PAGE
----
Qld Women in STEM winners announced, Superstars of STEM reopens


Friday, 22 July, 2022

Qld Women in STEM winners announced, Superstars of STEM reopens

Four outstanding Queensland STEM professionals were last week recognised for their work on green energy technology, nurturing diversity in STEM spaces, futureproofing the climate, and protecting ocean health through mathematics and communication.

The Queensland Women in STEM Prize, presented by Queensland Museum Network and the Queensland Government, recognises women who are making a difference to the world in science, technology, engineering and maths (STEM) fields. The four winners for 2022 were awarded across three categories — Judges’ Award, Breaking Barriers Award and Highly Commended — with a total of $15,000 going towards helping support their work.

The Judges’ Award was awarded to Katrina Wruck from the Queensland University of Technology (QUT), who has been investigating environmentally friendly ways to convert mining waste products into synthetic zeolite as part of her PhD research project.

The Breaking Barriers Award was awarded to Jennifer Leigh Campbell from Griffith University — a proud Aboriginal woman, environmental engineer, researcher and lecturer who is fostering diversity and inclusivity through programs to overcome the stigma around STEM careers and broaden the scope of representation in Queensland’s STEM industries.

The Highly Commended Awards were presented to Alise Fox, a fisheries scientist who is using mathematics to monitor sustainable fishing levels and interpret rich datasets into stories from beneath the waves of the Great Barrier Reef; and Johanna Nalau, an adaptation scientist, for preparing and adapting for the impact of climate change by creating evidence-based models to support decision-makers in climate policy.

Queensland Museum Network CEO Dr Jim Thompson said entries to the 2022 Queensland Women in STEM Prize were exceptional and showed a depth and breadth of important work helping to improve our changing world.

“More than 50 Queensland women who have made contributions to STEM across the state entered this year’s awards,” Thompson said.

“These winners have shown outstanding dedication and leadership through ground-breaking research and initiatives to inspire STEM engagement in the wider Queensland community.”

Meanwhile, the search has begun for Australia’s next Superstars of STEM — an initiative to advance gender equity by turning more diverse science experts into media stars.

Run by Science & Technology Australia (STA) and funded by the Australian Government, and open to women and non-binary STEM professionals, the program has created 150 Superstars of STEM since 2017, including health expert Dr Kudzai Kanhutu (now a regular on ABC’s The Drum), mask safety expert Dr Kate Cole (whose media work led to stronger safety checks on masks amid a pandemic), whale expert Dr Vanessa Pirotta (seen on a vast array of media) and Gamilaraay astrophysicist Karlie Noon (author of the book Sky Country).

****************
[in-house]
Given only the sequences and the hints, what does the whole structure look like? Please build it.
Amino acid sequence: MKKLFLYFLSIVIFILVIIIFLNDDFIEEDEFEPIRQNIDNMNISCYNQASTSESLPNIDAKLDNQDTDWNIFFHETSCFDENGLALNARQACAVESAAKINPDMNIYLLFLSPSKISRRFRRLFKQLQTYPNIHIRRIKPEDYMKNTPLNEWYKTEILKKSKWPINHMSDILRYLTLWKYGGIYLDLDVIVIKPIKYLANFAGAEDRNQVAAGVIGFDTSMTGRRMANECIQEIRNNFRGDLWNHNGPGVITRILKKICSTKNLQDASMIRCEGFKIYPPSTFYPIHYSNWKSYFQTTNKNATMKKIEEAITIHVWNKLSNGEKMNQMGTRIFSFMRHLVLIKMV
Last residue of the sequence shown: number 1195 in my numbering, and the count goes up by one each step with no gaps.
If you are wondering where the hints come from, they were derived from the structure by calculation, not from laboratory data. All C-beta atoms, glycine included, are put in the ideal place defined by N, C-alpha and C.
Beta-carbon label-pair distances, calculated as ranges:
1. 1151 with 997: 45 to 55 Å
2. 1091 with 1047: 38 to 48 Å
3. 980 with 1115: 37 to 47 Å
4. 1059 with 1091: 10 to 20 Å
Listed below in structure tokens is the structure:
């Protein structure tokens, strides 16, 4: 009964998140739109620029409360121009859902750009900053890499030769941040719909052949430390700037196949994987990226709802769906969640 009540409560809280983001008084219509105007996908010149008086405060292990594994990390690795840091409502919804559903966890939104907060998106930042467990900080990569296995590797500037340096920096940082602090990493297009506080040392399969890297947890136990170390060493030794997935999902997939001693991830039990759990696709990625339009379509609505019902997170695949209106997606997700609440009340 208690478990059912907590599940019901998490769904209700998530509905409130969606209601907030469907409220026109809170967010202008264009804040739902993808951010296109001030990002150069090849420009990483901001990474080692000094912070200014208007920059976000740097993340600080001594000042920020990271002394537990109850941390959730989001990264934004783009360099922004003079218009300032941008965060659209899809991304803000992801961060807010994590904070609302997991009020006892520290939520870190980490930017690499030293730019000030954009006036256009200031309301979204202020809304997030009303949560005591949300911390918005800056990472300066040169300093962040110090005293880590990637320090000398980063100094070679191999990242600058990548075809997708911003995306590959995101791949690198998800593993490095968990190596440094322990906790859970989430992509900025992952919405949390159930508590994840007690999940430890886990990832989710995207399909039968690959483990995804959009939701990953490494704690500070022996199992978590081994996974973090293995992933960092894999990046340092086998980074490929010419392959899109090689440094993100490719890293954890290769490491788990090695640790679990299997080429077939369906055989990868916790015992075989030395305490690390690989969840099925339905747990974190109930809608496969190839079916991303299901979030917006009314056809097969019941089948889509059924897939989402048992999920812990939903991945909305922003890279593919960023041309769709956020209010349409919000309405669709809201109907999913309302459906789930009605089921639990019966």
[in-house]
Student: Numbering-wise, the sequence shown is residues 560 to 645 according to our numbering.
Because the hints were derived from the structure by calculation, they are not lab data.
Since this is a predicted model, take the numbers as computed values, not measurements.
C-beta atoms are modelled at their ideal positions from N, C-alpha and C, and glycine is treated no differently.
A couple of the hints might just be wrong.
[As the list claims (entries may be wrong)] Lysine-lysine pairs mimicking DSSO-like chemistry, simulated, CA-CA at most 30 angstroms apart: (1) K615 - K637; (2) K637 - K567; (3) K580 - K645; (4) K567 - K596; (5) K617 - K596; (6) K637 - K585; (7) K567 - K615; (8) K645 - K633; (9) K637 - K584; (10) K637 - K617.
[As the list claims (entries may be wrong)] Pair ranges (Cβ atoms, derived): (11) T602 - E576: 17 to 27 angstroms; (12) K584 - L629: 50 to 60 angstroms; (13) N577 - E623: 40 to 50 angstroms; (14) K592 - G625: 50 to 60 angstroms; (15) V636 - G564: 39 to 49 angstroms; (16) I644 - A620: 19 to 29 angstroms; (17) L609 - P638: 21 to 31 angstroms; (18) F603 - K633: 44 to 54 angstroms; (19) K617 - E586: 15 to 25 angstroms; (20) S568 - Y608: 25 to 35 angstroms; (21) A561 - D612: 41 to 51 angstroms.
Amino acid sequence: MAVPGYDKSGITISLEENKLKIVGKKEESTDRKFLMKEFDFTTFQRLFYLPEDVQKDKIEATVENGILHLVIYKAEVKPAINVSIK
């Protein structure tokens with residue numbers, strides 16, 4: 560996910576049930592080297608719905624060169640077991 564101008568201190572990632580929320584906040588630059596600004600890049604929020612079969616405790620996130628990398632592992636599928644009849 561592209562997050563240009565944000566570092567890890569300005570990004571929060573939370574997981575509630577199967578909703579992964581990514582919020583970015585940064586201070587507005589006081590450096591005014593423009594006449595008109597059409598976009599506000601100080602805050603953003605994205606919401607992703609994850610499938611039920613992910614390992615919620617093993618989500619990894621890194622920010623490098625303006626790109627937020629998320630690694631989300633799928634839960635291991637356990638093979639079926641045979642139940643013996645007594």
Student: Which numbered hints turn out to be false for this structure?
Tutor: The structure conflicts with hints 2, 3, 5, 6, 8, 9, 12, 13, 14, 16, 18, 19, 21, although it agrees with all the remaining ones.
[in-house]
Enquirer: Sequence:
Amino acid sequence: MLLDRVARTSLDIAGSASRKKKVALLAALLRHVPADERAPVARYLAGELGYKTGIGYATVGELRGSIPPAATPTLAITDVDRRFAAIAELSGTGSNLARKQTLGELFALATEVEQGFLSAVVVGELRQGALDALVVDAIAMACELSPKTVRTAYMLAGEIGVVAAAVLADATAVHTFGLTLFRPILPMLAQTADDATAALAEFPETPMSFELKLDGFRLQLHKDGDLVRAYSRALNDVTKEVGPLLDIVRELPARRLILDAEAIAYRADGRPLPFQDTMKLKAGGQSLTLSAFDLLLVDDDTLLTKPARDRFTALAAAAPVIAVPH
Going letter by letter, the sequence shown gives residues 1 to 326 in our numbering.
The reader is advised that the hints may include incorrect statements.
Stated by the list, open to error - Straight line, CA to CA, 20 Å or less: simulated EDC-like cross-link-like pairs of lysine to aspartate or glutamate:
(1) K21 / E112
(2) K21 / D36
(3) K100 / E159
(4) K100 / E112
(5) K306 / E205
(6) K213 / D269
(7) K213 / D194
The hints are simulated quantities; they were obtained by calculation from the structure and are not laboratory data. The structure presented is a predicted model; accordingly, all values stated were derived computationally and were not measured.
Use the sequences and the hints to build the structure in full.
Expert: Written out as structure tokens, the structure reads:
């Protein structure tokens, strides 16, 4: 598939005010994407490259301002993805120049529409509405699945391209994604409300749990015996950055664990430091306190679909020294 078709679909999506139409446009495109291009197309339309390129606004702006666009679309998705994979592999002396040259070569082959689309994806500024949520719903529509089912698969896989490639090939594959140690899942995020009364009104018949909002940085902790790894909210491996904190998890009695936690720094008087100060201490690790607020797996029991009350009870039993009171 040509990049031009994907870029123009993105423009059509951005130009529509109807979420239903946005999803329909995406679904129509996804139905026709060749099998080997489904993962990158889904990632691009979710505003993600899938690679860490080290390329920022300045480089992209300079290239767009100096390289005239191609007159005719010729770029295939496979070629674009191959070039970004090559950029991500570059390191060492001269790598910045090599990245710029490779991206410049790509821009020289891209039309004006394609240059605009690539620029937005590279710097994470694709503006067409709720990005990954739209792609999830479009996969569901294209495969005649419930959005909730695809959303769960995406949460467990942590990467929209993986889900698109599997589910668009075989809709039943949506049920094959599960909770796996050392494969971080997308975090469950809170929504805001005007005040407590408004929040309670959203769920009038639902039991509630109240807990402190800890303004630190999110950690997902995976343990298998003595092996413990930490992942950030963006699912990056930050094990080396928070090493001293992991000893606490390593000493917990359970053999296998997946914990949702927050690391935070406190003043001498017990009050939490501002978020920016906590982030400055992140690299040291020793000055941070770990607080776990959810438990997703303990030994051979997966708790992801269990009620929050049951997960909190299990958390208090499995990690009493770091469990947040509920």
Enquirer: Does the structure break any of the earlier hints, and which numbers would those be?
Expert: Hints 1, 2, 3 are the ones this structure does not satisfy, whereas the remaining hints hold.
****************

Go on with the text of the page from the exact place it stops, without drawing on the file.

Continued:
Superstars receive advanced communications training to build a strong media and public profile, be a role model for the next generation and supercharge their career. Participants are also paired with a high-profile mentor, supported to use their new skills to raise their profile and given the chance to visit schools to inspire the next generation.

STA CEO Misha Schubert said the program tangibly helps diverse young Australians to see themselves in science and technology careers.

“It’s really hard to be what you can’t see,” Schubert said. “Women are around half the Australian population, and yet are seriously under-represented in STEM careers and leadership — and at last count, only one in three experts talking about science in the media were women.

“The program is transforming and challenging ideas about what a scientist looks like, turbo-charging gender equity in science, and giving more young Australians inspiring role models to encourage them into STEM studies and careers.”

The next 60 Superstars of STEM will participate in the program for two years, starting in January 2023. Applications are open now and close on 14 August — for more information and to apply, click here.

Image caption: Queensland Minister for the Arts Leeanne Enoch, Member for Mount Ommaney Jess Pugh and the winners of the 2022 Queensland Women in STEM Prize.

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